Only YOU Can Prevent Workplace Waste

Thirty-nine percent of Chicago’s greenhouse gas emissions come from commercial buildings.
As an extension of Chicago’s Climate Action Plan, the Chicago Green Office Challenge attempts to reduce that number by daring office tenants and property managers to “go green.” The aim is to establish businesses in Chicago’s Central Business District as leaders moving toward a more sustainable future. As a reward for their participation, competitors are recognized in the media and through Mayoral honors.

The competition requires companies to rate their environmental performance in five categories: outreach, energy conservation, waste reduction, cleaner transportation, and property management. The companies are then offered training and strategic planning to help improve their score over the next year.

My hesitation sets in when I start to think about some of the “strategies” the Challenge offers up, which range from instructing participants to use power saving mode on printers and copiers, to using both sides of paper, to eliminating subsidized parking as an employee benefit. I simply can’t tell if this is moving the city’s work force in a more sustainable direction, or a massive greenwash campaign honoring businesses for using what should be common sense.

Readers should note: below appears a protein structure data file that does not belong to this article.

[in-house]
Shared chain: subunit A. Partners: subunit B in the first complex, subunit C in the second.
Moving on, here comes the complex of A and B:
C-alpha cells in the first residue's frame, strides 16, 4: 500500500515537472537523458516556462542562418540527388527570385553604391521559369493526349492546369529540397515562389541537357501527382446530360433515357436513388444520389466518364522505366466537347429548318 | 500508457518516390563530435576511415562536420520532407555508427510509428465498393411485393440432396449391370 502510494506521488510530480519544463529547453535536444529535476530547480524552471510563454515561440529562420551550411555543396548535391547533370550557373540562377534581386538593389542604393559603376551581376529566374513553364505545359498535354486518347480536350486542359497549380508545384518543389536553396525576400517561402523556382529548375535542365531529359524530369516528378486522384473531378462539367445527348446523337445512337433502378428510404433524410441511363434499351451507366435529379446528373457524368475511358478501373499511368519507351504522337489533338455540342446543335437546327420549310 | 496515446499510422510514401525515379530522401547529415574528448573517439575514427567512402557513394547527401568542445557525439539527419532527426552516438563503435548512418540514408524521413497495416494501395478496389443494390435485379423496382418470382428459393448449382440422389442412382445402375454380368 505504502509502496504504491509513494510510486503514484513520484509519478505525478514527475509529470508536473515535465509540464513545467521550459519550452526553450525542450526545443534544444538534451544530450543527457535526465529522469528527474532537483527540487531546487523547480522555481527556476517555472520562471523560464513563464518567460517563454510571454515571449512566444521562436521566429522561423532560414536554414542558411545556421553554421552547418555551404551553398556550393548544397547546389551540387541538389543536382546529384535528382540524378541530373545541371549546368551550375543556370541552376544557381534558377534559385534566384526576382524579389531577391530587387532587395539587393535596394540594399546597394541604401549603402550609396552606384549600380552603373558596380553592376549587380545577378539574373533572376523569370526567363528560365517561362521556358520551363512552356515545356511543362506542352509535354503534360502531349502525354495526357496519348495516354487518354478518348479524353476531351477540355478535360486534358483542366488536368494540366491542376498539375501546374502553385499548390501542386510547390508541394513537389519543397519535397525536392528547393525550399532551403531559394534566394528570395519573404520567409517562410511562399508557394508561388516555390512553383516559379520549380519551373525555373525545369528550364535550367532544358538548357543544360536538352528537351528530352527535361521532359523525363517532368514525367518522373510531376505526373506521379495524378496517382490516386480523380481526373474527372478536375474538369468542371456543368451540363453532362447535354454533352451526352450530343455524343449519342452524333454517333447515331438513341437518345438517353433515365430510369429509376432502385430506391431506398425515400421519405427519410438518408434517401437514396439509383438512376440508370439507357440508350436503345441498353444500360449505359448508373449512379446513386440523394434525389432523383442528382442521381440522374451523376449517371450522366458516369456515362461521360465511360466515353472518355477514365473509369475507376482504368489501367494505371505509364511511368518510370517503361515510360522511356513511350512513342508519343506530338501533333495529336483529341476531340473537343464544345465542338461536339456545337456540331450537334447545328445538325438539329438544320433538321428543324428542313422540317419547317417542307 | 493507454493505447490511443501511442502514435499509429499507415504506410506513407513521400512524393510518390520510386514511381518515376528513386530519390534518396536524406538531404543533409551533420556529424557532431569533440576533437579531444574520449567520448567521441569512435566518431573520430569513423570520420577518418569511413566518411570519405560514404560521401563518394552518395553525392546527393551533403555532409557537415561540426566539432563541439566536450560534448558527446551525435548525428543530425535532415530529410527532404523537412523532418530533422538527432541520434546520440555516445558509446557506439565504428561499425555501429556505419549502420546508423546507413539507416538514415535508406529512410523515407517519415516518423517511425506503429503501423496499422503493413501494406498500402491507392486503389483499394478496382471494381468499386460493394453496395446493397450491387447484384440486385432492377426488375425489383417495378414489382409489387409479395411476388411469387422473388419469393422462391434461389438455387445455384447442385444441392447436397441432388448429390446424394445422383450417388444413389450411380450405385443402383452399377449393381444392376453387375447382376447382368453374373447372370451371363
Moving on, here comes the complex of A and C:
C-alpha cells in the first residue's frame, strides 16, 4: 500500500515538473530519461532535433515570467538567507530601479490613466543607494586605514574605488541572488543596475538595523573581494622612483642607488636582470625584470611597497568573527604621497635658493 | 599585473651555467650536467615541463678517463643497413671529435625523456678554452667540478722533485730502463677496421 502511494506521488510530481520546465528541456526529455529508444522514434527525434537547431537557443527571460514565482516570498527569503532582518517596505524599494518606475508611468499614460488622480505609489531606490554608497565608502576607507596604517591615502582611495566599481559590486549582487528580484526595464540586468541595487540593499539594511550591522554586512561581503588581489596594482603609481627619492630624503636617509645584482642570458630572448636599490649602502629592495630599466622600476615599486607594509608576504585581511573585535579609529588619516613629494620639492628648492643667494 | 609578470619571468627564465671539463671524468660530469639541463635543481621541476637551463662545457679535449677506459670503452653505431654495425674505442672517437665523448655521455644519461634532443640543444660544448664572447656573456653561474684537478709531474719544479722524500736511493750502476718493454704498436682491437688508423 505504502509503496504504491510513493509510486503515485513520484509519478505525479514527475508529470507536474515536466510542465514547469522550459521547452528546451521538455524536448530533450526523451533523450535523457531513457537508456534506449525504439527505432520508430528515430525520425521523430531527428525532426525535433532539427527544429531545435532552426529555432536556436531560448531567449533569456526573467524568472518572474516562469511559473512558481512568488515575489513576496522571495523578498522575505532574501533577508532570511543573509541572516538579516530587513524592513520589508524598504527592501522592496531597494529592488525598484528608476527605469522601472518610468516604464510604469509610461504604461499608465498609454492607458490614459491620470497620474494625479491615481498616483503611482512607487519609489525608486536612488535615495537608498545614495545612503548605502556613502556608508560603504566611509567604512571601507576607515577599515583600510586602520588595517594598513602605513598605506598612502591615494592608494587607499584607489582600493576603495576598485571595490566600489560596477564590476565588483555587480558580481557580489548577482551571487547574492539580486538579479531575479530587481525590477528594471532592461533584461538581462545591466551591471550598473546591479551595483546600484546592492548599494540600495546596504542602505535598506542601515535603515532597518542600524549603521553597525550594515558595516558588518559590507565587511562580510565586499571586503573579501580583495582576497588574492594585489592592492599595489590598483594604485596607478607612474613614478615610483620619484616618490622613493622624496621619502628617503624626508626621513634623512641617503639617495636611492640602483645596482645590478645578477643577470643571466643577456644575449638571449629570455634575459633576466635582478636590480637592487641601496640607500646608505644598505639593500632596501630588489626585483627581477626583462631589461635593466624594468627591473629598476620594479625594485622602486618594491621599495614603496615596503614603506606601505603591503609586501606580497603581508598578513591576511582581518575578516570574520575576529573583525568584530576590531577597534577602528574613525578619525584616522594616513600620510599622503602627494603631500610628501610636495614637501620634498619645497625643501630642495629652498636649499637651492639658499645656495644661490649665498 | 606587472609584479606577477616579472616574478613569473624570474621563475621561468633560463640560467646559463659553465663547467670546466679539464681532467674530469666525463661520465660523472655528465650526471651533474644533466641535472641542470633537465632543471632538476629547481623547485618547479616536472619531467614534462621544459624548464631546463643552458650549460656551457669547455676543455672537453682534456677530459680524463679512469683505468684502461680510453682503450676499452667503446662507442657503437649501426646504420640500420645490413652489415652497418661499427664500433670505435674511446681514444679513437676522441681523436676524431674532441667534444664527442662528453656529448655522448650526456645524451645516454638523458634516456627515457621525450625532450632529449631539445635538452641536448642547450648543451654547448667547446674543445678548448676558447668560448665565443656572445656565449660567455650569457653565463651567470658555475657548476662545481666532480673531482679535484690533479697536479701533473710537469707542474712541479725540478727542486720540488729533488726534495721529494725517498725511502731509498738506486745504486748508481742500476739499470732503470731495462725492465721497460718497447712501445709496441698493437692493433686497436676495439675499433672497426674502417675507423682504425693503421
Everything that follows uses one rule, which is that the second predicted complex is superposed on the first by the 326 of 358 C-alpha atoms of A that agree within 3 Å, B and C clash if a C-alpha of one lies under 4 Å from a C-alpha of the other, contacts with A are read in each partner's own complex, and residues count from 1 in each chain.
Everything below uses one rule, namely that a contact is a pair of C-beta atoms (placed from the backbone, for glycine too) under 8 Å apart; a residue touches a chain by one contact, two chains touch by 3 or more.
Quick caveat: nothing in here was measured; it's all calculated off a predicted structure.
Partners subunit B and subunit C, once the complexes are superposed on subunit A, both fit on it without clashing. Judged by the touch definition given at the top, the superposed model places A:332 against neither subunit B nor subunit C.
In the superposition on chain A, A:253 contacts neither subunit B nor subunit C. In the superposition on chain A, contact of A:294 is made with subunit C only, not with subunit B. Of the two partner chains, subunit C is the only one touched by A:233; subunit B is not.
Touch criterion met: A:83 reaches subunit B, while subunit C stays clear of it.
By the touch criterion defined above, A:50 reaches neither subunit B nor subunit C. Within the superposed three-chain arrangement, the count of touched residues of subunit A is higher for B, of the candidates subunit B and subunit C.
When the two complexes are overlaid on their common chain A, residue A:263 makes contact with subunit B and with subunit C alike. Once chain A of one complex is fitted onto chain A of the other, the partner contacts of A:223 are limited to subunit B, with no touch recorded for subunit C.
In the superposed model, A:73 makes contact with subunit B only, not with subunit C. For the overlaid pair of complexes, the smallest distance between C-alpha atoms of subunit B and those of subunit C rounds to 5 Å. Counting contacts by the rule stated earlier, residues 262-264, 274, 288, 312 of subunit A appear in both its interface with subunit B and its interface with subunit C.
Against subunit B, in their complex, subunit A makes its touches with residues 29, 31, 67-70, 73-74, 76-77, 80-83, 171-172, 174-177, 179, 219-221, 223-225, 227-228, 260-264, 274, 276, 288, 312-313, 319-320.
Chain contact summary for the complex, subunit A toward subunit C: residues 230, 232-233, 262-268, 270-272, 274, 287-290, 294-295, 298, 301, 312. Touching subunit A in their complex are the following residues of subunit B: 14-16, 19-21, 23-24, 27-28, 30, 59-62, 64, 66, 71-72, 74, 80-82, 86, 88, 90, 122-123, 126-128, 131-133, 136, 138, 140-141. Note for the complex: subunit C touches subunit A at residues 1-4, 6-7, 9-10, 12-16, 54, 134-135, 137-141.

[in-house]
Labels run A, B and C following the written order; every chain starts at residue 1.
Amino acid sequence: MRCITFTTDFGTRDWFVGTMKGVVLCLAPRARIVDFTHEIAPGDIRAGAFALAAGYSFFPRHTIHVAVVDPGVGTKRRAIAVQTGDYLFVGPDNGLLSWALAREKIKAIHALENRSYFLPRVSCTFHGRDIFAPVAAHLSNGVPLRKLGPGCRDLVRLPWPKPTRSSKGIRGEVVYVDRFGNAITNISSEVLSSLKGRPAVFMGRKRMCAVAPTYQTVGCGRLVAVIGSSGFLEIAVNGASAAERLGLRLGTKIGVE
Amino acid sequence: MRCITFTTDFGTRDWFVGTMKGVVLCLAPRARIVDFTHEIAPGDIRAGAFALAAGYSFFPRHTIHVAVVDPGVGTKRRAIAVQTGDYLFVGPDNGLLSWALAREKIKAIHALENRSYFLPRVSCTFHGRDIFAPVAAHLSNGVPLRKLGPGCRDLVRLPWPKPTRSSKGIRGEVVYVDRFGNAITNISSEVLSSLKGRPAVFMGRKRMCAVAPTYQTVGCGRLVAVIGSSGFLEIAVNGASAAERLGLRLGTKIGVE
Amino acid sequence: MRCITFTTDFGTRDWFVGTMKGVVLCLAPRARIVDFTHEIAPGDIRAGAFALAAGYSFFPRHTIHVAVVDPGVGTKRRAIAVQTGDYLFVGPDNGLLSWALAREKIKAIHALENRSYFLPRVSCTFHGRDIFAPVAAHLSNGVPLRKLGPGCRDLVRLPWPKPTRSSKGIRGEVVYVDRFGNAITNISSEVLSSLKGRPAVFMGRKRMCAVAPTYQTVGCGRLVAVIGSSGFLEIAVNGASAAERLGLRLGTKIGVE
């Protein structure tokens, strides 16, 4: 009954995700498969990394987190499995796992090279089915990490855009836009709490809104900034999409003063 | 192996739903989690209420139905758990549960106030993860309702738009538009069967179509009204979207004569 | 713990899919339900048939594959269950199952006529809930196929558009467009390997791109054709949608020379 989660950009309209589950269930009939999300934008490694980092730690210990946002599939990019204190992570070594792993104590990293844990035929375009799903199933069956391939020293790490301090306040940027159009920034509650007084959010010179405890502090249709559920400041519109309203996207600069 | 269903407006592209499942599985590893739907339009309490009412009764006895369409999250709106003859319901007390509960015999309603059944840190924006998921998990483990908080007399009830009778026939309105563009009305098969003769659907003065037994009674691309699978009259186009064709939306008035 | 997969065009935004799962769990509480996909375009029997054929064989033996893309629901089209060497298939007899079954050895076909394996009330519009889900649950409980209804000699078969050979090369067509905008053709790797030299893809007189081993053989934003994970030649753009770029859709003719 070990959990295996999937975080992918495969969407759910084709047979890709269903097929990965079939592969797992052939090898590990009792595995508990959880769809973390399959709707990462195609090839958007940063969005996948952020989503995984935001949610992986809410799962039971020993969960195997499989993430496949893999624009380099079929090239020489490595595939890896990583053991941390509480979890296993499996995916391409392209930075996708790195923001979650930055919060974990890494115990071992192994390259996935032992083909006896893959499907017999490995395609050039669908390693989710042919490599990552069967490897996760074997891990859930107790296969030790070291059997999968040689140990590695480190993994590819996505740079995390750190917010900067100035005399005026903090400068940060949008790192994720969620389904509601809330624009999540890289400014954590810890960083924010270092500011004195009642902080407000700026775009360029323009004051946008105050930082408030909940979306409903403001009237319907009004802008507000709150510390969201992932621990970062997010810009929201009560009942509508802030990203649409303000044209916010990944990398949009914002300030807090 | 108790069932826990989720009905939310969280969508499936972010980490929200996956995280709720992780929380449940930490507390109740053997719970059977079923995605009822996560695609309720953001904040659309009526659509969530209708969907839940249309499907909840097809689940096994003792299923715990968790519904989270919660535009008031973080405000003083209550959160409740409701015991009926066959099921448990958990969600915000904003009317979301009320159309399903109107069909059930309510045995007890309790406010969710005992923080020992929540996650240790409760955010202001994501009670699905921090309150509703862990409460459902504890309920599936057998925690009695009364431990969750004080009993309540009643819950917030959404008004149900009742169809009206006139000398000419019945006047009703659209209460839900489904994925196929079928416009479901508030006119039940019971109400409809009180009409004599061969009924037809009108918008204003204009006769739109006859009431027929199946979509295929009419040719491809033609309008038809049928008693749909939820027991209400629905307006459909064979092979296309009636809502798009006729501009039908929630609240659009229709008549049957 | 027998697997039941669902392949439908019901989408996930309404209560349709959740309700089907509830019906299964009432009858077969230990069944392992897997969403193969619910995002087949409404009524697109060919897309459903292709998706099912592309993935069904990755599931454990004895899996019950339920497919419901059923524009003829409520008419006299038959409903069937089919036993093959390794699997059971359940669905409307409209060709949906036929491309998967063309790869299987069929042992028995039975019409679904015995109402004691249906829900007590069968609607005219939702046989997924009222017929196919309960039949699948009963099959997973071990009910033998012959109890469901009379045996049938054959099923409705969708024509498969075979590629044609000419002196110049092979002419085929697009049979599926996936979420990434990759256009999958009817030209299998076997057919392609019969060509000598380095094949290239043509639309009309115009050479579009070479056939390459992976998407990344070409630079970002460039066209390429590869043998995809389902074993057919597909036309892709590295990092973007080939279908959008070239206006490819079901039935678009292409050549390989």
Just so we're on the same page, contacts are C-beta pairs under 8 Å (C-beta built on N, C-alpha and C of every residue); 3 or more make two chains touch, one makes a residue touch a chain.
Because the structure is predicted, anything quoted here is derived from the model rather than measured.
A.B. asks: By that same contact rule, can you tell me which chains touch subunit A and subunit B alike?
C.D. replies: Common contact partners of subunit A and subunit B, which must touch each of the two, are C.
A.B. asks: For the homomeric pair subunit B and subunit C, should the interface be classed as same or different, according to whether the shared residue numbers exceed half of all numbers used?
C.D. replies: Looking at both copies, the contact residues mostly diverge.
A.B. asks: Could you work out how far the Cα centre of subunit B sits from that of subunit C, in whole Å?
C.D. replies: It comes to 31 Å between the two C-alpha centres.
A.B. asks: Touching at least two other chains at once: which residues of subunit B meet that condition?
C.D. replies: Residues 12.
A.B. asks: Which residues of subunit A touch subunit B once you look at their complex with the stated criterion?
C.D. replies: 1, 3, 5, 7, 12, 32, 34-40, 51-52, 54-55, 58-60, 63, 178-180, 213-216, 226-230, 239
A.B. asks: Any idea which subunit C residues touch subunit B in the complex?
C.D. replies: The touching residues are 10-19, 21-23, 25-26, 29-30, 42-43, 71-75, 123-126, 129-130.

My skepticism aside, I’ll try to focus on what could truly be the positive outcomes of this competition: workers being more mindful of the environment in both their personal and professional lives, business asking for more sustainable design practices when the time does come for renovations, and, most importantly, a reduction in greenhouse emissions from Chicago’s built environment.

What I would truly appreciate is some feedback! The Challenge asks participants to set a goal of reducing their energy usage by 10percent, but is that enough? Do you think purchasing CO2 offsets or renewable energy credits is an effective strategy? If your company were to hold in-office sustainability educational sessions what would you find most interesting?

And lastly, as a young design professional, I don’t feel entirely equipped to make the most informed evaluation of a campaign like this. What should be my approach in forming an opinion when the trend appears to be one of criticism and negativity? Where should I place my focus?

— Brittany Hahn

Brittany Hahn, along with La Keisha Leek and Lisa Backus, is a design student who will regularly blog to share her design experiences at for the next year. Check back often to see what's the buzz among the next generation of designers, and be sure to share with them your feedback and design advice by commenting below.


  1. In the AEC industry, this may seem like common sense, but in a large city like Chicago, I am positive there are companies and offices that just don't think about this stuff yet. The great part about this is that it lasts a year, which seems like a plenty of time to form some good habits. Greenwash media campaign or not, any type of motivation can help.

  2. Thanks for sharing, Vanessa. I completely agree that there's always more we can do to encourage green habits, especially in larger corporations where it is difficult to enforce new behaviors that aren't necessarily convenient.